“… a person is not justified by the works of the law, but by faith in Jesus Christ. So we, too, have put our faith in Christ Jesus that we may be justified by faith in Christ and not by the works of the law, because by the works of the law no one will be justified.” ~ Galatians 2:16
Yes, I am fully aware of Paul’s words to the believers in Galatia – and am in full agreement. Believers in Christ are not under the law – the law given to Moses – but we are still under law.
What law is that?
Paul, writing to Rome, within a very few verses describes the law to which he is still bound as both “God’s law” and “the law of the Spirit”:
“Thanks be to God, who delivers me through Jesus Christ our Lord! So then, I myself in my mind am a slave to God’s law, but in my sinful nature a slave to the law of sin.” ~ Romans 7:25
“Therefore, there is now no condemnation for those who are in Christ Jesus, because through Christ Jesus the law of the Spirit who gives life has set you free from the law of sin and death.” ~ Romans 8:1-2“
When he writes to Corinth, he calls it both “God’s law” and “Christ’s law”:
“To those not having the law I became like one not having the law (though I am not free from God’s law but am under Christ’s law), so as to win those not having the law.” ~ 1 Corinthians 9:21
Obviously, Christ’s law is different from the law given to Moses; the “law of sin and death.”
So what is the law of Christ?
It is a law written on our hearts, for that is the way Jeremiah reveals it to be under the reign of the Messiah:
” ‘This is the covenant I will make with the people of Israel after that time,’ declares the LORD. ‘I will put my law in their minds and write it on their hearts. I will be their God, and they will be my people.’ ” ~ Jeremiah 31:33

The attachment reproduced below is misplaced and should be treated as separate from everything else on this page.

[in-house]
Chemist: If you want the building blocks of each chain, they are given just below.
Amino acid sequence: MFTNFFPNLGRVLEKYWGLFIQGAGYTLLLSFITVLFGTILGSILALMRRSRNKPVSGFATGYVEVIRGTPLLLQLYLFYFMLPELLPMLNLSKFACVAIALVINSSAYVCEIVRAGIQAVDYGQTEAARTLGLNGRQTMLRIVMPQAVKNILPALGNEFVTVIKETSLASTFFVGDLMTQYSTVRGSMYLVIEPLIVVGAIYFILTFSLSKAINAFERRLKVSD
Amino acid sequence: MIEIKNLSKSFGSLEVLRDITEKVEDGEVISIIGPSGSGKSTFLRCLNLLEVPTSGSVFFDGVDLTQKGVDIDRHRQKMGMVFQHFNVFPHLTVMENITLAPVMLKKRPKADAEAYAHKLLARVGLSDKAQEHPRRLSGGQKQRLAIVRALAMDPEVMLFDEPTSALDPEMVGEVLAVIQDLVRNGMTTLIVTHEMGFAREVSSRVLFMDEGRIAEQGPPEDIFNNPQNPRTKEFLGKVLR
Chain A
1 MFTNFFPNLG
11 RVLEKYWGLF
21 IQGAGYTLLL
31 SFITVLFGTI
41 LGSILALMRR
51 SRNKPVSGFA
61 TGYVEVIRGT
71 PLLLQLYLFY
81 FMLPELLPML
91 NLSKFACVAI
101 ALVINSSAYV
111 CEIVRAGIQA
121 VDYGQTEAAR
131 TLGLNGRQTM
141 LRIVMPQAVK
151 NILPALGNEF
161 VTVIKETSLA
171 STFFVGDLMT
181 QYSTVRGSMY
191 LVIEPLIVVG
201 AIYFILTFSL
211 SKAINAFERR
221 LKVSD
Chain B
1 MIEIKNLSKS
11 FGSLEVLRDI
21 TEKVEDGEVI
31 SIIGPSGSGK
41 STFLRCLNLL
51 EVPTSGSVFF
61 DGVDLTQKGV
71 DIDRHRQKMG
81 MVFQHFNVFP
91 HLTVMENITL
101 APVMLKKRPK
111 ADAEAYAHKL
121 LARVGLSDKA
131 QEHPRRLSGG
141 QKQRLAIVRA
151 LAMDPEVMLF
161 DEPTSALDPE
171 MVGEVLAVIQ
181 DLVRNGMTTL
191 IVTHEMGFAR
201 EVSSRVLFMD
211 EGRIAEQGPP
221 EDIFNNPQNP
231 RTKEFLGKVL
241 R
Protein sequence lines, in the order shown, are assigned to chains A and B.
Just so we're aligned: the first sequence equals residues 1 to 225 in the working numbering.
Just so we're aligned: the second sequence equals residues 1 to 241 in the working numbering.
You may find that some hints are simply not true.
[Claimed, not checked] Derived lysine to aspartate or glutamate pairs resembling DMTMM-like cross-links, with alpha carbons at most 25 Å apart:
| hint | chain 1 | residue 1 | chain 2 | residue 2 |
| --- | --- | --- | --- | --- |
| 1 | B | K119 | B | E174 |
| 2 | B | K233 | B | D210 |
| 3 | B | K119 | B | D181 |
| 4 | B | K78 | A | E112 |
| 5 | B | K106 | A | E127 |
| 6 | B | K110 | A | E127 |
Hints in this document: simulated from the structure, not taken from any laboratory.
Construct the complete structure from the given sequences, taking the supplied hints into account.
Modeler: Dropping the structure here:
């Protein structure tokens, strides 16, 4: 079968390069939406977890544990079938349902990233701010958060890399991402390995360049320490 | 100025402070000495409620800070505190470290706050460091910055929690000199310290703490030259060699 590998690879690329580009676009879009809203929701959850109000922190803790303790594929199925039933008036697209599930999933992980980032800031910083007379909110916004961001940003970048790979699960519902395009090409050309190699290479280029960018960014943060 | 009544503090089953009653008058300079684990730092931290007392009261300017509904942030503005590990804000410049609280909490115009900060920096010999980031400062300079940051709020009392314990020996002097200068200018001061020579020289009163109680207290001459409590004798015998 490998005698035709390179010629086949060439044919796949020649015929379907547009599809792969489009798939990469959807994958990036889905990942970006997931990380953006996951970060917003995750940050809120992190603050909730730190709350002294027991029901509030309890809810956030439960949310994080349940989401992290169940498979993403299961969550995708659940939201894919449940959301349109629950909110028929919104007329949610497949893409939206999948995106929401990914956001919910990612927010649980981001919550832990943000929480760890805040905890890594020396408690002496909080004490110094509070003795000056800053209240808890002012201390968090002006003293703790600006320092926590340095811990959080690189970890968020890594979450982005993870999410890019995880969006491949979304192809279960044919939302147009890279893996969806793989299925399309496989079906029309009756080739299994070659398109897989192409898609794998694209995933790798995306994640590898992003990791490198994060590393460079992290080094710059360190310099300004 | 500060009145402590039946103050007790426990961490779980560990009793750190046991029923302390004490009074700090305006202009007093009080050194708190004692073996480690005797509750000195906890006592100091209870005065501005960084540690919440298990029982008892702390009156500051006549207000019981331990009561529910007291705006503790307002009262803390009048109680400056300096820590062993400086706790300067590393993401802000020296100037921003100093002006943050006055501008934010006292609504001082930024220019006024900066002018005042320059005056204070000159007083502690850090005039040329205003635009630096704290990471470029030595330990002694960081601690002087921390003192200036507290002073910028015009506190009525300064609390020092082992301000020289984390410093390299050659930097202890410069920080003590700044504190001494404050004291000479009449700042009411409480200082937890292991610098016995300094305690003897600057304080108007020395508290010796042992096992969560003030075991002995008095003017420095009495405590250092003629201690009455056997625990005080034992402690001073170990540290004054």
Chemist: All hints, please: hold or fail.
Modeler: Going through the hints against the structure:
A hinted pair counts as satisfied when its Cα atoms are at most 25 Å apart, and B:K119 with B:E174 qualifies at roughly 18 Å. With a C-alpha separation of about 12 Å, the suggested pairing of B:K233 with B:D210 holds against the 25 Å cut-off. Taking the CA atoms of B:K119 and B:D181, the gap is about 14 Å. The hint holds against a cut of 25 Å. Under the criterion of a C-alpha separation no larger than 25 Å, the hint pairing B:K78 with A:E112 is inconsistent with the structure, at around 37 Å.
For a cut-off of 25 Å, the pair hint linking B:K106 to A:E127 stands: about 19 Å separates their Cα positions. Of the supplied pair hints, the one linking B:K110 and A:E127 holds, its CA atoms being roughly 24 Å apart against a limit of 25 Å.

What kind of law is written on the heart?
“So in everything, do to others what you would have them do to you, for this sums up the Law and the Prophets.” ~ Jesus, Matthew 7:12
“Jesus replied: ‘Love the Lord your God with all your heart and with all your soul and with all your mind. This is the first and greatest commandment. And the second is like it: Love your neighbor as yourself. All the Law and the Prophets hang on these two commandments.” ~ Matthew 22:37 (See also Mark 12:30-31; Luke 10:26-28)
“Let no debt remain outstanding, except the continuing debt to love one another, for whoever loves others has fulfilled the law. The commandments, ‘You shall not commit adultery,’ ‘You shall not murder,’ ‘You shall not steal,’ ‘You shall not covet,’ and whatever other command there may be, are summed up in this one command: ‘Love your neighbor as yourself.’ Love does no harm to a neighbor. Therefore love is the fulfillment of the law.” ~ Paul, Romans 13:8-10
“For the entire law is fulfilled in keeping this one command: ‘Love your neighbor as yourself.’ ” ~ Galatians 5:14